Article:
Made of reflective paint, tiles, or shingles, a cool roof can stay more than 30 percent cooler than a standard dark roof by reflecting more sunlight and absorbing less heat. So it can help you lower your air-conditioning costs and conserve energy. Pretty cool, huh?
When many buildings in a community have cool roofs, it can lesson what is called the “urban heat island effect,” which is the phenomenon of buildings soaking up the sun’s radiation and then re-radiating that heat after sundown. According to the U.S. Department of Energy, lowering the amount of energy used to cool buildings “reduces local air temperatures; lowers peak electricity demand, which can help prevent power outages; and reduces power plant emissions, including carbon dioxide, sulfur dioxide, nitrous oxides, and mercury.”
Many types of cool roofs are the same price as standard roofs and some utility companies offer rebates. Beyond that, you’ll enjoy savings from a lower air-conditioning bill year after year. You can also receive up to $500 in a federal tax credit for a cool roof. Learn more about this federal tax credit.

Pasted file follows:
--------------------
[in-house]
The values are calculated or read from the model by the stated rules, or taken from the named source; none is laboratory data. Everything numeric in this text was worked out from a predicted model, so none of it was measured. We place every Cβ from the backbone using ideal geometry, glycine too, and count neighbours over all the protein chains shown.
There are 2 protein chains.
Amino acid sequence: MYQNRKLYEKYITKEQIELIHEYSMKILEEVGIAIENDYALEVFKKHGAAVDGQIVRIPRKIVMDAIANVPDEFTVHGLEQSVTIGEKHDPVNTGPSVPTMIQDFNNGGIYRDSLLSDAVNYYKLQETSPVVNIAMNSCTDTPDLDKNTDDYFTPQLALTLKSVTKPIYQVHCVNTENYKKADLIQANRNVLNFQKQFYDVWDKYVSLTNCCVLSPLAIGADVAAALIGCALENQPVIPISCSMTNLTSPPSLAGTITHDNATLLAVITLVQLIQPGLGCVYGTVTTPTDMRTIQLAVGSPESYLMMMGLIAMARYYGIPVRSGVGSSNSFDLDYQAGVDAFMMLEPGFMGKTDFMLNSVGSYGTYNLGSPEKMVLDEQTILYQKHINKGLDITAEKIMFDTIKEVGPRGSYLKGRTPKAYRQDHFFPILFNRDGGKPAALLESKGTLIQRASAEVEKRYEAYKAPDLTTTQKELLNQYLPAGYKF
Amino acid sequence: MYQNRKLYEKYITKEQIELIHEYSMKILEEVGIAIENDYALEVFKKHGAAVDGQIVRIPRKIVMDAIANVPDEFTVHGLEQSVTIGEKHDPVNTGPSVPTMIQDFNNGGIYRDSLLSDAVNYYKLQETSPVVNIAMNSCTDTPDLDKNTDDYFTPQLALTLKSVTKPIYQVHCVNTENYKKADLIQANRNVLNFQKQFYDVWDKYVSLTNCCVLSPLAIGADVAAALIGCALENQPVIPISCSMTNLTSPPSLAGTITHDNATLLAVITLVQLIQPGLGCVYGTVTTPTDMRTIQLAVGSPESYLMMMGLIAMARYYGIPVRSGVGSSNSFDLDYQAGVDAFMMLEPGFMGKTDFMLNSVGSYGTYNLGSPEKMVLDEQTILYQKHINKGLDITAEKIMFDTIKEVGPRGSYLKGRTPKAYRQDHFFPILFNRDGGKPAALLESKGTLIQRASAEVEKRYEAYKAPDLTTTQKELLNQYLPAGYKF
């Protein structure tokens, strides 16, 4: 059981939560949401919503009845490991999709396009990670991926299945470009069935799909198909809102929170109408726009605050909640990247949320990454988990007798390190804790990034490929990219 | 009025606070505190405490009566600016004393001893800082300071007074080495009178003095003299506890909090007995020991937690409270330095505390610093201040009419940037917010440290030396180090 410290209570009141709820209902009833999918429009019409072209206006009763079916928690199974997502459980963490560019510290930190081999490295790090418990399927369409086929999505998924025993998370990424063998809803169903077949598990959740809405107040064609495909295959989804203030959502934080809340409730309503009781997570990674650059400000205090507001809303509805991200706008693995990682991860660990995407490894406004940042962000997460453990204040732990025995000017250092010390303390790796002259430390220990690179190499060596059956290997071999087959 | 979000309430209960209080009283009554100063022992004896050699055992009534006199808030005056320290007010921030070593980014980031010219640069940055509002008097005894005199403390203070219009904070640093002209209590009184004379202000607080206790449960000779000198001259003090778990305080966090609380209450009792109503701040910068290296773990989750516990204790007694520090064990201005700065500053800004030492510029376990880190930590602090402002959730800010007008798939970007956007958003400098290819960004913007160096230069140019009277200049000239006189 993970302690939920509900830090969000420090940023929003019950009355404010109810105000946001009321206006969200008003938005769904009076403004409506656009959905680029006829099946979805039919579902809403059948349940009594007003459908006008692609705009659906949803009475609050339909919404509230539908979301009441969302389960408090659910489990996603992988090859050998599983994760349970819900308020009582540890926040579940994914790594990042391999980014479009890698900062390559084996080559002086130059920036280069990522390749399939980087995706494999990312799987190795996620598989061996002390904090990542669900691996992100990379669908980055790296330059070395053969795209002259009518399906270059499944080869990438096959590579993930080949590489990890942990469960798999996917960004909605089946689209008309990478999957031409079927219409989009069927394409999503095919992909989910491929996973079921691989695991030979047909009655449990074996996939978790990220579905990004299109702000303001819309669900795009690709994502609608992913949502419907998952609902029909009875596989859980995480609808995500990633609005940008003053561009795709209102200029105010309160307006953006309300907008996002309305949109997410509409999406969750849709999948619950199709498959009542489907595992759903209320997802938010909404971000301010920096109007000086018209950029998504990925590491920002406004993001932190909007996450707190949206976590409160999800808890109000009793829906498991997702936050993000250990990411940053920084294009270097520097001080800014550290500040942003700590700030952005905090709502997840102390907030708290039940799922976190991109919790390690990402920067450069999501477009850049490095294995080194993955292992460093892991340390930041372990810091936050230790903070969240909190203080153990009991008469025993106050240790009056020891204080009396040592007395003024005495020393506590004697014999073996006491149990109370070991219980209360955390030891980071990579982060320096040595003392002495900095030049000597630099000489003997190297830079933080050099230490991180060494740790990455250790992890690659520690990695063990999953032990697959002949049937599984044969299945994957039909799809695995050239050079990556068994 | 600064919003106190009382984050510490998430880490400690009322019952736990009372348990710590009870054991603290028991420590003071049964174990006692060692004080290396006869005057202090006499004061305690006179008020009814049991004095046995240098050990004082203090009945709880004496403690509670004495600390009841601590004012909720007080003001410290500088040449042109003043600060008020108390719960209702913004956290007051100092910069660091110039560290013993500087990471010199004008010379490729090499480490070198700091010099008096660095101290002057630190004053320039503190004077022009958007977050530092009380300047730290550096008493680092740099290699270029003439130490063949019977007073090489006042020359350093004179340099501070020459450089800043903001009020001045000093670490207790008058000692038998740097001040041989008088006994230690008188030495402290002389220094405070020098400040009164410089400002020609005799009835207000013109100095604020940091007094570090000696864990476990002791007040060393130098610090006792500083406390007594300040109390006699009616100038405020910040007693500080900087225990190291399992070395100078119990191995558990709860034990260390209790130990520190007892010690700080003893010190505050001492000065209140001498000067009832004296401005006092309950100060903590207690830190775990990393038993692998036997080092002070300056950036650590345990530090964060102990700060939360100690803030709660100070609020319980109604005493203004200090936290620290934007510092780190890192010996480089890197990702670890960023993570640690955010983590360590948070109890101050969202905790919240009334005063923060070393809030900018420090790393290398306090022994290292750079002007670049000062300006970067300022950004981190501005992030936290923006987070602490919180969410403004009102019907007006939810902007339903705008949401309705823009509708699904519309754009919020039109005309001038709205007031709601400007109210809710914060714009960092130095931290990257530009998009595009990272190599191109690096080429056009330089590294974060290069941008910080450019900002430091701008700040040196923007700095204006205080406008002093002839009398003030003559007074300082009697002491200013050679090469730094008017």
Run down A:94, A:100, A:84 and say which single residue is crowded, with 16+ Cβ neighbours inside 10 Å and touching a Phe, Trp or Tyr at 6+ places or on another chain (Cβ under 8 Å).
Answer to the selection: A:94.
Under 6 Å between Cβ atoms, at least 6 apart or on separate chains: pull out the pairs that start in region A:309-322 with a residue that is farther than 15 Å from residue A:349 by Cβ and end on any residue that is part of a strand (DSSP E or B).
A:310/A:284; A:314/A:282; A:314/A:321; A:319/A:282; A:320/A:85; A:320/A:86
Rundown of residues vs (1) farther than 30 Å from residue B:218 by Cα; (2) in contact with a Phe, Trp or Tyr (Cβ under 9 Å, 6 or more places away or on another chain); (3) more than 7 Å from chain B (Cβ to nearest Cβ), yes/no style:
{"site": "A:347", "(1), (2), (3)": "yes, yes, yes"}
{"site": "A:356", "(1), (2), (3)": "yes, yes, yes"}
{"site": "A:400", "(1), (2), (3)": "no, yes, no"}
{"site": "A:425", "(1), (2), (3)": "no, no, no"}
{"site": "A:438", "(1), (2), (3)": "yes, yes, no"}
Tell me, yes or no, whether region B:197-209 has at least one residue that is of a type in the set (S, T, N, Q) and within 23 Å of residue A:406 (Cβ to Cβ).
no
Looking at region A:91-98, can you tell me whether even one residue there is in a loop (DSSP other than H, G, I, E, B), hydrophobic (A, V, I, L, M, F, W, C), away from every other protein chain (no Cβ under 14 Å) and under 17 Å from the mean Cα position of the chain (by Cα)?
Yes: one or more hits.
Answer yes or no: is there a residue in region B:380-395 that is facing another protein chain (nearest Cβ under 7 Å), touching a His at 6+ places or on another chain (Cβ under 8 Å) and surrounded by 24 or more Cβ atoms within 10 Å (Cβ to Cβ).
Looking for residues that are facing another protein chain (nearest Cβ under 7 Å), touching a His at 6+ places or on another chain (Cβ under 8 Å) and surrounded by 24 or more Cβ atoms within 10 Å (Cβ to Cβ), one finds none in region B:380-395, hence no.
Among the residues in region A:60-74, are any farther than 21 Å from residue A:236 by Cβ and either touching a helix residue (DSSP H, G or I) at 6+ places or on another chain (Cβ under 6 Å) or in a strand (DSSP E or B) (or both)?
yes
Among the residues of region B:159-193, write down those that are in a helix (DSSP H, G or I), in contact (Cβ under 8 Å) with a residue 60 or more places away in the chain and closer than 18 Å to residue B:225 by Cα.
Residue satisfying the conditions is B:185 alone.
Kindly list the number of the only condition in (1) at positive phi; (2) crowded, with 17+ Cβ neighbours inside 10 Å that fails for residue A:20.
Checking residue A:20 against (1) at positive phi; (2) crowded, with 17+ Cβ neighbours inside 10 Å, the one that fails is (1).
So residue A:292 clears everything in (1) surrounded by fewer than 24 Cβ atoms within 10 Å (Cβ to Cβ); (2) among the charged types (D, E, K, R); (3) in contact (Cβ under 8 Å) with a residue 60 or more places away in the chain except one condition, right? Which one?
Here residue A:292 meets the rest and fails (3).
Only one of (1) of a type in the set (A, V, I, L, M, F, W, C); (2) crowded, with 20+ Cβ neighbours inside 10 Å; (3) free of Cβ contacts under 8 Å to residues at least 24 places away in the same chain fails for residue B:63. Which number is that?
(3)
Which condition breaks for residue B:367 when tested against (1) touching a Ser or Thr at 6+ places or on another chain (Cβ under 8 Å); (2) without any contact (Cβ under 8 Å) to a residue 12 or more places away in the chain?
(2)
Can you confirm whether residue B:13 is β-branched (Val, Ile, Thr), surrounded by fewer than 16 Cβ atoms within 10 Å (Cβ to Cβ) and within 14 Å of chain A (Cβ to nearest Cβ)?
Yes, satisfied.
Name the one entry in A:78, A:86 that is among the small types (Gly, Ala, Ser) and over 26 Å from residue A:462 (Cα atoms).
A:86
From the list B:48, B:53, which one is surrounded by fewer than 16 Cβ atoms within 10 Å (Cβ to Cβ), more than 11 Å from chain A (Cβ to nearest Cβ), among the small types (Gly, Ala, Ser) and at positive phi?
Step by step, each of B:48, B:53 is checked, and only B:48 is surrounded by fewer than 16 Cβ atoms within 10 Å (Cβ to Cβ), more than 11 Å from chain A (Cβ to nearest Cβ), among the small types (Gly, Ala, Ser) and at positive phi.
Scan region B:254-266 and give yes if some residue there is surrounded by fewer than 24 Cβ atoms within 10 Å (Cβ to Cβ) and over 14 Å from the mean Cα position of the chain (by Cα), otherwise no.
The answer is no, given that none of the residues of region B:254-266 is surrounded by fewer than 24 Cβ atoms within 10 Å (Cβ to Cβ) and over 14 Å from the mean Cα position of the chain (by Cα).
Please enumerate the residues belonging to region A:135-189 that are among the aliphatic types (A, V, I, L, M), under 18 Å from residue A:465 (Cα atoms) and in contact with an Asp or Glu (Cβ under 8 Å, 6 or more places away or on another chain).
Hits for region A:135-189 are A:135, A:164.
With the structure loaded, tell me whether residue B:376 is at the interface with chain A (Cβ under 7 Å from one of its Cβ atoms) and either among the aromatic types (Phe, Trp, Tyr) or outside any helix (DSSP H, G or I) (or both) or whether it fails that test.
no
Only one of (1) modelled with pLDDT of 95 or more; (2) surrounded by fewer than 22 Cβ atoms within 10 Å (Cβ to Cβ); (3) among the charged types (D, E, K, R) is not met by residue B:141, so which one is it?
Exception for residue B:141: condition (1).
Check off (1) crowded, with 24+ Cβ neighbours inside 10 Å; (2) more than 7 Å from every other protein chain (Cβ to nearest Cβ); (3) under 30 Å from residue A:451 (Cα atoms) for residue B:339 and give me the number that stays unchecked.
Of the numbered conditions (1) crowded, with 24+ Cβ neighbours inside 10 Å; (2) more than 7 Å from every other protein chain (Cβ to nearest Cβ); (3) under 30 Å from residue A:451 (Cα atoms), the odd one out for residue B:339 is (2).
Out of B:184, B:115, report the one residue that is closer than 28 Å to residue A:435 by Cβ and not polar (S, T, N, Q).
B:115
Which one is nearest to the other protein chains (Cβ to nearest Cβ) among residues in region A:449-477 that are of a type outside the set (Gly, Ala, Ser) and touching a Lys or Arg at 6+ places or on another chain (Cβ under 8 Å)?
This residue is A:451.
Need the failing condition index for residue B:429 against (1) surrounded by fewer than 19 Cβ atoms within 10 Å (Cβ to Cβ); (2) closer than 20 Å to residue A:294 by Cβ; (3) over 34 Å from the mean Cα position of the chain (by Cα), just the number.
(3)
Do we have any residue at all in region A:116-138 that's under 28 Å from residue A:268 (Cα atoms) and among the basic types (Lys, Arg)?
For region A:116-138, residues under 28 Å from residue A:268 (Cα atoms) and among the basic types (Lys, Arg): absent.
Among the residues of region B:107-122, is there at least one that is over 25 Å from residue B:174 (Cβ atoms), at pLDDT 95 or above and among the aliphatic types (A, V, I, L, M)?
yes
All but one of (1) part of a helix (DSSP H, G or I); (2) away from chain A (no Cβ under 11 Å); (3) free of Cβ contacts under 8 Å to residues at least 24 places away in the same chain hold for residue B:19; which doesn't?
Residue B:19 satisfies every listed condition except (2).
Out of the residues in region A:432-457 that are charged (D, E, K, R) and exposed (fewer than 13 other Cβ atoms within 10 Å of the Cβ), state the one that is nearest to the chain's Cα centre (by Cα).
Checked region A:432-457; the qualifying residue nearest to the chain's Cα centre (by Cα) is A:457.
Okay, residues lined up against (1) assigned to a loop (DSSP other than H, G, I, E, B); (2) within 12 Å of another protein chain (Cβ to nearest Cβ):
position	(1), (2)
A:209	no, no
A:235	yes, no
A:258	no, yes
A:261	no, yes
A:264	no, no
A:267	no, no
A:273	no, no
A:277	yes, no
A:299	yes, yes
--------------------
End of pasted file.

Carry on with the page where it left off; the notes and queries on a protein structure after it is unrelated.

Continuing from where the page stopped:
Cool Roof Types
There are many different cool roof systems for both existing and new roofs. They all use thick coatings with reflective pigments. Some also offer restorative features and water protection. The Cool Roof Rating Council is a nonprofit organization that was created to conduct third-party tests and give accurate ratings on cool roof systems. You can search their online Rated Products Directory to compare options and find the cool roof that meets your needs. Check it out – it’s free!
Cool Walls, Too
You can also use reflective paint on your exterior walls to cool your house – especially if you live in a warm climate. These “cool paints” are on the Federal Energy Management Program’s Promising Technologies List, which prioritizes technologies that help save energy but are underused.